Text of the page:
To exercise this right, the law grants the co-heirs a period of one month from the time they are notified of the transfer of the inheritance right.

What representations shall be included in the deed of sale of inheritance rights?

In the deed of sale of inheritance rights, the heir who has expressly or tacitly accepted the inheritance, will proceed to the sale of his rights in favor of a third party (who, as mentioned above, may or may not be a co-heir), and the latter will purchase such rights in exchange for a consideration in the form of a price, which will be fixed in the deed, as well as the form of payment thereof.

Consequently, this third party will become the new holder of the inheritance rights, which will give him the power to participate in the partition of the inheritance and to be awarded the assets of the estate that correspond to him according to his percentage of participation.

Who will bear the costs of the deed of transfer of inheritance rights?

The cost of the deed of sale of inheritance rights, in the form of the Notaries' fee, will be borne by the one of the grantors agreed upon by the parties and, in the absence of an agreement, will generally be borne by the purchasing party, i.e., by the person acquiring the inheritance rights being transferred.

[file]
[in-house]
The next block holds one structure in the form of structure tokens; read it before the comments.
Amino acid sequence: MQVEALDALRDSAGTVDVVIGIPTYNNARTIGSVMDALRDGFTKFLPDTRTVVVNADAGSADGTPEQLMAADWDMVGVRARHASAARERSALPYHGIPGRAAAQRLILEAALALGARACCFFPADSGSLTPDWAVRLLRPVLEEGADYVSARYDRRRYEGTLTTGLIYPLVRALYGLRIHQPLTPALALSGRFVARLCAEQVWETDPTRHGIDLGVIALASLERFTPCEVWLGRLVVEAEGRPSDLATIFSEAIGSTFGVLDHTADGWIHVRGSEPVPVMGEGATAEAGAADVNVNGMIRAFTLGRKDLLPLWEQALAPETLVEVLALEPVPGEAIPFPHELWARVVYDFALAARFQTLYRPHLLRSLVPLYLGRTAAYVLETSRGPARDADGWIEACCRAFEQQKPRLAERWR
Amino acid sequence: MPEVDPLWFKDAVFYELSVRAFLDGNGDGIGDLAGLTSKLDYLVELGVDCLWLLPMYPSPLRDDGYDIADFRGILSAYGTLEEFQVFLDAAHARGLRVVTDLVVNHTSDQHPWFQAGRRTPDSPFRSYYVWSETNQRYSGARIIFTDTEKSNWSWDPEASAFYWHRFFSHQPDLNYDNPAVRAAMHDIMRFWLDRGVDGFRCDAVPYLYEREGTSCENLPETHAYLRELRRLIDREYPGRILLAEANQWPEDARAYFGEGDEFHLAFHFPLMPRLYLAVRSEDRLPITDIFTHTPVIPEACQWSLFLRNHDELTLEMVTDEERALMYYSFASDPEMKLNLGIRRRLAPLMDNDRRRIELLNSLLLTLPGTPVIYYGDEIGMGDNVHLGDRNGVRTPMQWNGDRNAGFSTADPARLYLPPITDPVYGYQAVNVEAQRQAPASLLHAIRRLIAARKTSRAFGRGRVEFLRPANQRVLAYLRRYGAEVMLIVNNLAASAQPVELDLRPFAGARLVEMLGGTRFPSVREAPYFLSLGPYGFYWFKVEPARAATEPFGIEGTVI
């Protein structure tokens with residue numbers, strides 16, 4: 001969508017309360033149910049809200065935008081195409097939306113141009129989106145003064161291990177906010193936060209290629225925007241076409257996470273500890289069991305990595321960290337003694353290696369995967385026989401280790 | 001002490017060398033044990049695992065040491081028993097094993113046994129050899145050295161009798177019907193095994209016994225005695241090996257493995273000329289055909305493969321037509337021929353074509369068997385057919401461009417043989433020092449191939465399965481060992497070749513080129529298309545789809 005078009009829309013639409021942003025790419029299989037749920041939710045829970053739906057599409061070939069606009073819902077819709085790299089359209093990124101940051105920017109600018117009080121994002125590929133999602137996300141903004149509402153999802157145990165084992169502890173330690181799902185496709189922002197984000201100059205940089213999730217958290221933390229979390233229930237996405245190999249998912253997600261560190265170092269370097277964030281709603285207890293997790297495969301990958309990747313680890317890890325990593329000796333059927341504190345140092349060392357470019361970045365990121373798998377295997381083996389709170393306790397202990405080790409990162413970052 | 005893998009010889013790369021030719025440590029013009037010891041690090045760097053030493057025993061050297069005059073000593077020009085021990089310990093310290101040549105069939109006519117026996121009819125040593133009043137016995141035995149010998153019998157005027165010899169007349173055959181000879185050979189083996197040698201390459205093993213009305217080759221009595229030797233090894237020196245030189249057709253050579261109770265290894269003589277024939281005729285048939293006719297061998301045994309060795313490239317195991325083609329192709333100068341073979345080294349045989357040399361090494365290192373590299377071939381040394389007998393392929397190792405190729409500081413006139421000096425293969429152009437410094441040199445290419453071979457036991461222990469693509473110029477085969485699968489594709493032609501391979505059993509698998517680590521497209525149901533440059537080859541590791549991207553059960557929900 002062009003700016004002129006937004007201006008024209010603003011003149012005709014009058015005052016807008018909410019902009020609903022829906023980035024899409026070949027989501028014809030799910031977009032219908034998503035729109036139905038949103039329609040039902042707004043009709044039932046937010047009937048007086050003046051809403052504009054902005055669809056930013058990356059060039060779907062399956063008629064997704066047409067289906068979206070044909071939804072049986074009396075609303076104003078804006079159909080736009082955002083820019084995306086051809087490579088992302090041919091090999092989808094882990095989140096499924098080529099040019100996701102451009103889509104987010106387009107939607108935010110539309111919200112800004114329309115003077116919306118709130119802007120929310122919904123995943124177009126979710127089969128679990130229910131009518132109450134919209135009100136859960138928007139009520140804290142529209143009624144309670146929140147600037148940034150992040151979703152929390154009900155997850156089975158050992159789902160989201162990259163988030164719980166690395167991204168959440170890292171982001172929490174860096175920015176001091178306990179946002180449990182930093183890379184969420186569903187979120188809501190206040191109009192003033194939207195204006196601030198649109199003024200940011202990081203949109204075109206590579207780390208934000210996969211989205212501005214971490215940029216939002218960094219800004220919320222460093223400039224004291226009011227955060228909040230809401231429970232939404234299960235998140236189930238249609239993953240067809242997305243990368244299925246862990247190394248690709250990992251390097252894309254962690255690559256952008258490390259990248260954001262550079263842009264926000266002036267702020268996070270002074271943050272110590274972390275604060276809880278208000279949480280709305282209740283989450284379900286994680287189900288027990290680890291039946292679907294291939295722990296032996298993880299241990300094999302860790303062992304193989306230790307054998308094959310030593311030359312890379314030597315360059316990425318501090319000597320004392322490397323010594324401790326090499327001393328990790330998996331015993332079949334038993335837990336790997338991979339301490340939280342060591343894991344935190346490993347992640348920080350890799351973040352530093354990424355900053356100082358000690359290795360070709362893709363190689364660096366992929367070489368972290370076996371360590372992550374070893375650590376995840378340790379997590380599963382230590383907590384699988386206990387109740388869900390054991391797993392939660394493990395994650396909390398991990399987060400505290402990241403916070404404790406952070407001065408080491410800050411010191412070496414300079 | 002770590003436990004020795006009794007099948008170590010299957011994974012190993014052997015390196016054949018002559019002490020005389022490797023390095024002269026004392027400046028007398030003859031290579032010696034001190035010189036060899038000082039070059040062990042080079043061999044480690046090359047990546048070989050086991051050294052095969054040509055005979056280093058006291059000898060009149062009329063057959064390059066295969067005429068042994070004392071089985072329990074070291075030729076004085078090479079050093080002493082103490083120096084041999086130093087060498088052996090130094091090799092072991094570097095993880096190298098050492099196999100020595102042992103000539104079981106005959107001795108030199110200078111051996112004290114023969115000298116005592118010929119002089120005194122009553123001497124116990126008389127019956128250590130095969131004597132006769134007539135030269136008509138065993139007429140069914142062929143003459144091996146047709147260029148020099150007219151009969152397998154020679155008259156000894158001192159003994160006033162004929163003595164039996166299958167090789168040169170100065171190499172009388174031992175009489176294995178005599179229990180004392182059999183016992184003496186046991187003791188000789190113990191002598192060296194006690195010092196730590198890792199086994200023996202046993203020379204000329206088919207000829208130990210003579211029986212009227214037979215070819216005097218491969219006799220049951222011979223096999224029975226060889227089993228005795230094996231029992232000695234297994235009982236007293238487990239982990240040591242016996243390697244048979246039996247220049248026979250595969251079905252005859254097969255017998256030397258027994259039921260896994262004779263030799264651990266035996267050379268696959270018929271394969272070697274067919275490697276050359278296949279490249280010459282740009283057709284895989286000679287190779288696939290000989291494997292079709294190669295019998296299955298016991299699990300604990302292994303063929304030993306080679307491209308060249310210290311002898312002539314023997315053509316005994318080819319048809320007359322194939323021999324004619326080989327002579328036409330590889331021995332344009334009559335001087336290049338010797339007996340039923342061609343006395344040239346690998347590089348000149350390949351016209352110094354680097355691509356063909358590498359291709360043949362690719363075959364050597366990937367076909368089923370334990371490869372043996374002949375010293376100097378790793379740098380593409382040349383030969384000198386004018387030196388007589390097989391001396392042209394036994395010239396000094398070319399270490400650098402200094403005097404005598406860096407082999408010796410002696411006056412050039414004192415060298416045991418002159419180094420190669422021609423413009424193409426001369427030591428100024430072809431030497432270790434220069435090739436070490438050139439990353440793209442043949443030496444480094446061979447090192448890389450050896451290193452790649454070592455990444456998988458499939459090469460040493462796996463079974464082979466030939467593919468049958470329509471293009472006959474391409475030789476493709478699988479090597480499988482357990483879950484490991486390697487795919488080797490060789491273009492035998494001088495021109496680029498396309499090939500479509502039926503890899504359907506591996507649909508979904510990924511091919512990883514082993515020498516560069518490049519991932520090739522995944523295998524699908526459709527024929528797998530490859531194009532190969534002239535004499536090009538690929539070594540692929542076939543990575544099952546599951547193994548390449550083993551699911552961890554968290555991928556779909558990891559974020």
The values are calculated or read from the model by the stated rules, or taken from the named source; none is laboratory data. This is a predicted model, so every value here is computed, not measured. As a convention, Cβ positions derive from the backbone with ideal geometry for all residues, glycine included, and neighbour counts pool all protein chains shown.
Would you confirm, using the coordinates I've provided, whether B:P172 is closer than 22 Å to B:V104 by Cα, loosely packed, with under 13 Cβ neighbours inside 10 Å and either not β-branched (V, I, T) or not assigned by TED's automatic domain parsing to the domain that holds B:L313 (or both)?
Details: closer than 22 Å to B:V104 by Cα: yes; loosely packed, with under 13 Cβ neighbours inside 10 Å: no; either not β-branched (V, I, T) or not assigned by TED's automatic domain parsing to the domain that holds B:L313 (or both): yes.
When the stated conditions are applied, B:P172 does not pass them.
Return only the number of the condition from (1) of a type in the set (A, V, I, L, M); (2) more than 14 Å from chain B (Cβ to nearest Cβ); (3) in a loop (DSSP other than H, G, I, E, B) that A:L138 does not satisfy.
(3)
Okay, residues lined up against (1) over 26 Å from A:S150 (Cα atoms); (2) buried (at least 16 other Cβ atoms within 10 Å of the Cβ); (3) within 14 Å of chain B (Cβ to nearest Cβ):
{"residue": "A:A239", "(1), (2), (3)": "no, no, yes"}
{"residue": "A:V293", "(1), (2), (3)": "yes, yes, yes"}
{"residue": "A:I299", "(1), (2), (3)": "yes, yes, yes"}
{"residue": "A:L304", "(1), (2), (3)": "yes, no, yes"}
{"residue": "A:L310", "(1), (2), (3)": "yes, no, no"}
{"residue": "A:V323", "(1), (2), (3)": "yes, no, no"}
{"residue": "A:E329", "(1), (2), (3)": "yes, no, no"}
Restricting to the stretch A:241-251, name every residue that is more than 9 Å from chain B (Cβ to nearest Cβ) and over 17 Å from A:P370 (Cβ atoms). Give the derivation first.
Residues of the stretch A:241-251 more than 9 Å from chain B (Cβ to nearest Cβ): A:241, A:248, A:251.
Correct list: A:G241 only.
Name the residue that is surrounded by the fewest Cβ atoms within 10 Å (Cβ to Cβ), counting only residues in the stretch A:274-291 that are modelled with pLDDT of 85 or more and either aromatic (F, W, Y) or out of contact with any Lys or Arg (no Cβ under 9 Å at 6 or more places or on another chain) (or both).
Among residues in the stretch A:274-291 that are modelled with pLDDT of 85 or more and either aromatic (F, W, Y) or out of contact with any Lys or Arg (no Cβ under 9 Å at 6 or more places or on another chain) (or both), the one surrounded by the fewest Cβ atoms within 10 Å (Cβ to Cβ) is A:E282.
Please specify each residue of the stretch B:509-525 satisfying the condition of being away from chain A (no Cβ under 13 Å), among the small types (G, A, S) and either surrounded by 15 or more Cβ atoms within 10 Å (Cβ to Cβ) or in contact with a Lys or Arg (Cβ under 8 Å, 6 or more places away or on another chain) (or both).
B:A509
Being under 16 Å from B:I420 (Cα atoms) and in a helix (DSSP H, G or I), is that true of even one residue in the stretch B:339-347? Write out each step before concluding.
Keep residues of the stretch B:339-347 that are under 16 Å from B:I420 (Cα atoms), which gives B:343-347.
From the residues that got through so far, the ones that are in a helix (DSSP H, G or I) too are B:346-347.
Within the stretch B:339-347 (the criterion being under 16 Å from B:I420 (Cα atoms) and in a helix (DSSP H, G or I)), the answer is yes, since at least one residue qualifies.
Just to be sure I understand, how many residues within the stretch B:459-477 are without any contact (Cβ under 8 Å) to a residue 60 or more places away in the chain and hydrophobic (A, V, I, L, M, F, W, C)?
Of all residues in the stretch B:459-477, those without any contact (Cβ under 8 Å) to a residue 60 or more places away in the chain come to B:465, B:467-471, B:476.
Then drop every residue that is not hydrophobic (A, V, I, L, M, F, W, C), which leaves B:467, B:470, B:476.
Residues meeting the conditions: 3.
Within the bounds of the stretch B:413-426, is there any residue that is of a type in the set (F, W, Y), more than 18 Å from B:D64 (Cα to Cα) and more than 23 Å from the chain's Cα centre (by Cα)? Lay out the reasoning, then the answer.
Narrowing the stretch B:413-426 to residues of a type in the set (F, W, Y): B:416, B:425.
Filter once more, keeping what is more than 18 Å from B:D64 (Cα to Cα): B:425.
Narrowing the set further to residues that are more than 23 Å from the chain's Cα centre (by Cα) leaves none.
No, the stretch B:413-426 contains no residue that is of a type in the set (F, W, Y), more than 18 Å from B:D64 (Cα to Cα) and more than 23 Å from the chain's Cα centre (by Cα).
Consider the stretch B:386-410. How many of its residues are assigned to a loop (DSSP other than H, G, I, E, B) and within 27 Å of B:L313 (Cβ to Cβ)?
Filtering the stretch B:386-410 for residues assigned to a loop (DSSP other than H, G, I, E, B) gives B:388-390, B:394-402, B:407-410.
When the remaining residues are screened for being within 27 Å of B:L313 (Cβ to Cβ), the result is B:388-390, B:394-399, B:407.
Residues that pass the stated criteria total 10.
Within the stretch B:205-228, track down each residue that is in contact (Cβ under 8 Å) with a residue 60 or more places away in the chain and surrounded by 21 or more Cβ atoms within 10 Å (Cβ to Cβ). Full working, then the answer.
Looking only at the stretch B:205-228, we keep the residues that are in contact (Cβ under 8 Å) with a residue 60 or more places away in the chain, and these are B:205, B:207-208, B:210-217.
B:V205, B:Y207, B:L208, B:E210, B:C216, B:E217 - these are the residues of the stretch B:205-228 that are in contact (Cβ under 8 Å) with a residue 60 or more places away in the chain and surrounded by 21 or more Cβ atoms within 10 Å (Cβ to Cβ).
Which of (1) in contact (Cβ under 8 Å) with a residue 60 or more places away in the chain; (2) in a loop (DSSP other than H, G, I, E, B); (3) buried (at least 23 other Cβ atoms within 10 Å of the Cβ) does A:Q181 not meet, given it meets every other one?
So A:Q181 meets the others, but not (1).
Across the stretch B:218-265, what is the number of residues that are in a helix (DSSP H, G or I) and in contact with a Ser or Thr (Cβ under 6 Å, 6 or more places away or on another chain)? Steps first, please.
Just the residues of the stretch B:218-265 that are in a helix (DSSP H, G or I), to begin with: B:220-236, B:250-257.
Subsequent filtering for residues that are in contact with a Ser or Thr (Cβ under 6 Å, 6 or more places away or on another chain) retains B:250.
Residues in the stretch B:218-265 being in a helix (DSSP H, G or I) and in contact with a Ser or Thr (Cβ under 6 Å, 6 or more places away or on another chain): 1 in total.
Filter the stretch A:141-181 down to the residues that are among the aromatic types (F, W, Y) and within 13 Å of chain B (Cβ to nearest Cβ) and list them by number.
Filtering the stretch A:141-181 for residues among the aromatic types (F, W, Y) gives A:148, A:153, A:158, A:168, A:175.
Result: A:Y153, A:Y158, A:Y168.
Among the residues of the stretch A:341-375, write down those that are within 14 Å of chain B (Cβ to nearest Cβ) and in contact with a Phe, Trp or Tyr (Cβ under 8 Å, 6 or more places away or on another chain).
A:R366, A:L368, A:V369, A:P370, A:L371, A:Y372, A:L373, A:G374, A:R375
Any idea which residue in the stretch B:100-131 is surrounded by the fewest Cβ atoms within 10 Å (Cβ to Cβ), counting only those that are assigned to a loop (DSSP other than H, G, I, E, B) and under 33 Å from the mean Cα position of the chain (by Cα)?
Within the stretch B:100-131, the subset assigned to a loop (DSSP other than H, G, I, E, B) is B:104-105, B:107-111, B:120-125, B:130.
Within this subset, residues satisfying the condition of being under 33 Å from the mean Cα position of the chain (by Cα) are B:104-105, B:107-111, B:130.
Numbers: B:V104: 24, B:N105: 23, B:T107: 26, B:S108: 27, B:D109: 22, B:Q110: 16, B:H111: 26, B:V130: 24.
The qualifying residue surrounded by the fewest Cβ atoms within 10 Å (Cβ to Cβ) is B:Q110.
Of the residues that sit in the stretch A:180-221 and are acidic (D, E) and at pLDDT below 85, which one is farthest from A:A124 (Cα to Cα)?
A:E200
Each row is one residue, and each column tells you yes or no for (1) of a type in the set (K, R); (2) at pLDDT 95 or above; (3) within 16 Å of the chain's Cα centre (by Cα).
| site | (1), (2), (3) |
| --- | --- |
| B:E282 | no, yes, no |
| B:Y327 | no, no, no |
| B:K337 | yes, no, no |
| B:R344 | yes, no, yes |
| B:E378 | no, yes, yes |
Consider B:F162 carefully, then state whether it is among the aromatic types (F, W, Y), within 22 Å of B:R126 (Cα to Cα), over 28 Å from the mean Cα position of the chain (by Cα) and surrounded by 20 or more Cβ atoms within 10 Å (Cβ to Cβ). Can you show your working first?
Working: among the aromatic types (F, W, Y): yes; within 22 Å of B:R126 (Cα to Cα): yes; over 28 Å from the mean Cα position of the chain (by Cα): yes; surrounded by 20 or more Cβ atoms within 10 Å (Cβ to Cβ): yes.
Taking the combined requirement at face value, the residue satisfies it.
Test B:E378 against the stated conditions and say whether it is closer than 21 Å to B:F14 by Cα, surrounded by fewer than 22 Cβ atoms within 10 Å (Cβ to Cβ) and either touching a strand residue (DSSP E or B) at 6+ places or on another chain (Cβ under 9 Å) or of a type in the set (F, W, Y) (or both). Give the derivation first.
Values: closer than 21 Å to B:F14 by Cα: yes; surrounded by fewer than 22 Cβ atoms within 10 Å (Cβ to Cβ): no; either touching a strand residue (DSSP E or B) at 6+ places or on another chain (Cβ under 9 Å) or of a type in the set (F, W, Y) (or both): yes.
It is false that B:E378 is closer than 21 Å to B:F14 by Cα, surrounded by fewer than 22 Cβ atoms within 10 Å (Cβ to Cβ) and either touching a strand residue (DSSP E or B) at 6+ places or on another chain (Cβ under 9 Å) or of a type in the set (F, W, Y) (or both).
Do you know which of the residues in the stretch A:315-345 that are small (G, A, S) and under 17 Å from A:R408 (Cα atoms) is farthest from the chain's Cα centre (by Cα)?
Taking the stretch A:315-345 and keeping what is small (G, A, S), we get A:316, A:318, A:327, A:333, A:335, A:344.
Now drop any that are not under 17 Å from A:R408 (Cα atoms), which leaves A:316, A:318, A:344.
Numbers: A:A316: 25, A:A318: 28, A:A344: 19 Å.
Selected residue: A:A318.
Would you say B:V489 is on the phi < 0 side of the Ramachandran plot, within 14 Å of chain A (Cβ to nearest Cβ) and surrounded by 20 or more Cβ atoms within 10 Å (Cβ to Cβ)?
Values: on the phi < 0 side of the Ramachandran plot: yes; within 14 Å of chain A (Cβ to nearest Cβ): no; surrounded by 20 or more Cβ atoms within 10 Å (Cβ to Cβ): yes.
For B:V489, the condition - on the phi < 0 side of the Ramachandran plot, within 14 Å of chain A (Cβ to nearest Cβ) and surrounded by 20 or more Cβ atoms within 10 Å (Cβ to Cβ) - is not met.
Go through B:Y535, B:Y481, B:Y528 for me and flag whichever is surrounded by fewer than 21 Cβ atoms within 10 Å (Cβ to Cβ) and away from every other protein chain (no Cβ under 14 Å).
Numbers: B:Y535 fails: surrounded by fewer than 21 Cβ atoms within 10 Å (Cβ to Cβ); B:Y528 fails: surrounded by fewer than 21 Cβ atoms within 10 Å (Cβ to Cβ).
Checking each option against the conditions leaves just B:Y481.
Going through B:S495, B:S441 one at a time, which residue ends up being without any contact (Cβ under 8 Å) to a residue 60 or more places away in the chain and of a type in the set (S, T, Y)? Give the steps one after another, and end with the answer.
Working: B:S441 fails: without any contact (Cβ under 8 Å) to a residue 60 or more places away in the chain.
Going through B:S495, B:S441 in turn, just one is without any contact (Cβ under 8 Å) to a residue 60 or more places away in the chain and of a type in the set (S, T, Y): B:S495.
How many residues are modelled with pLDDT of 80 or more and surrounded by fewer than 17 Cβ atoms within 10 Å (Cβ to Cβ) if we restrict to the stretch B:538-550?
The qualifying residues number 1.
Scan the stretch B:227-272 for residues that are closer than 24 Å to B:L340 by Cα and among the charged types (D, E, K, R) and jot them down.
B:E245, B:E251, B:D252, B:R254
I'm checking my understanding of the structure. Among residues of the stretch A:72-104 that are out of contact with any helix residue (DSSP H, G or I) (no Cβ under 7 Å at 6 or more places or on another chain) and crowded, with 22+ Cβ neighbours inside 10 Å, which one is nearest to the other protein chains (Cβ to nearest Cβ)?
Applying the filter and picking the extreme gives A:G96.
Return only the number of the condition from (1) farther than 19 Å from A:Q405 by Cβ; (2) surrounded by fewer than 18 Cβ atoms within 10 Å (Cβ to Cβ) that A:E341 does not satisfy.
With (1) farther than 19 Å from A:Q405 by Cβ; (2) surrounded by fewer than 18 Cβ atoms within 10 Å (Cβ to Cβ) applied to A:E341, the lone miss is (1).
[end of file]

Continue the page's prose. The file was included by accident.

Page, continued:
How will the sale of inheritance rights be taxed?

The sale of inheritance rights will generate a tax cost, which will be discussed below:

Firstly, logically, as already mentioned, in order to be able to sell an inheritance right, the heir must have accepted (either expressly or tacitly) the inheritance in question, so that this circumstance already constitutes the taxable event for Inheritance Tax. Thus, in the first place, the heir or co-heir who proceeds to the sale of his inheritance rights must pay the Inheritance Tax on them.

Beyond this, it must be taken into account that if the heir or co-heir, with the sale of these rights, obtains a capital gain, that is to say, sells his rights for a higher price than the one he was awarded in the inheritance, it will generate, as indicated, a capital gain that will have a transcendence in the Personal Income Tax of the year in which it is accrued, being taxed at a tax rate between 19% and 23%, depending on the amount of such gain.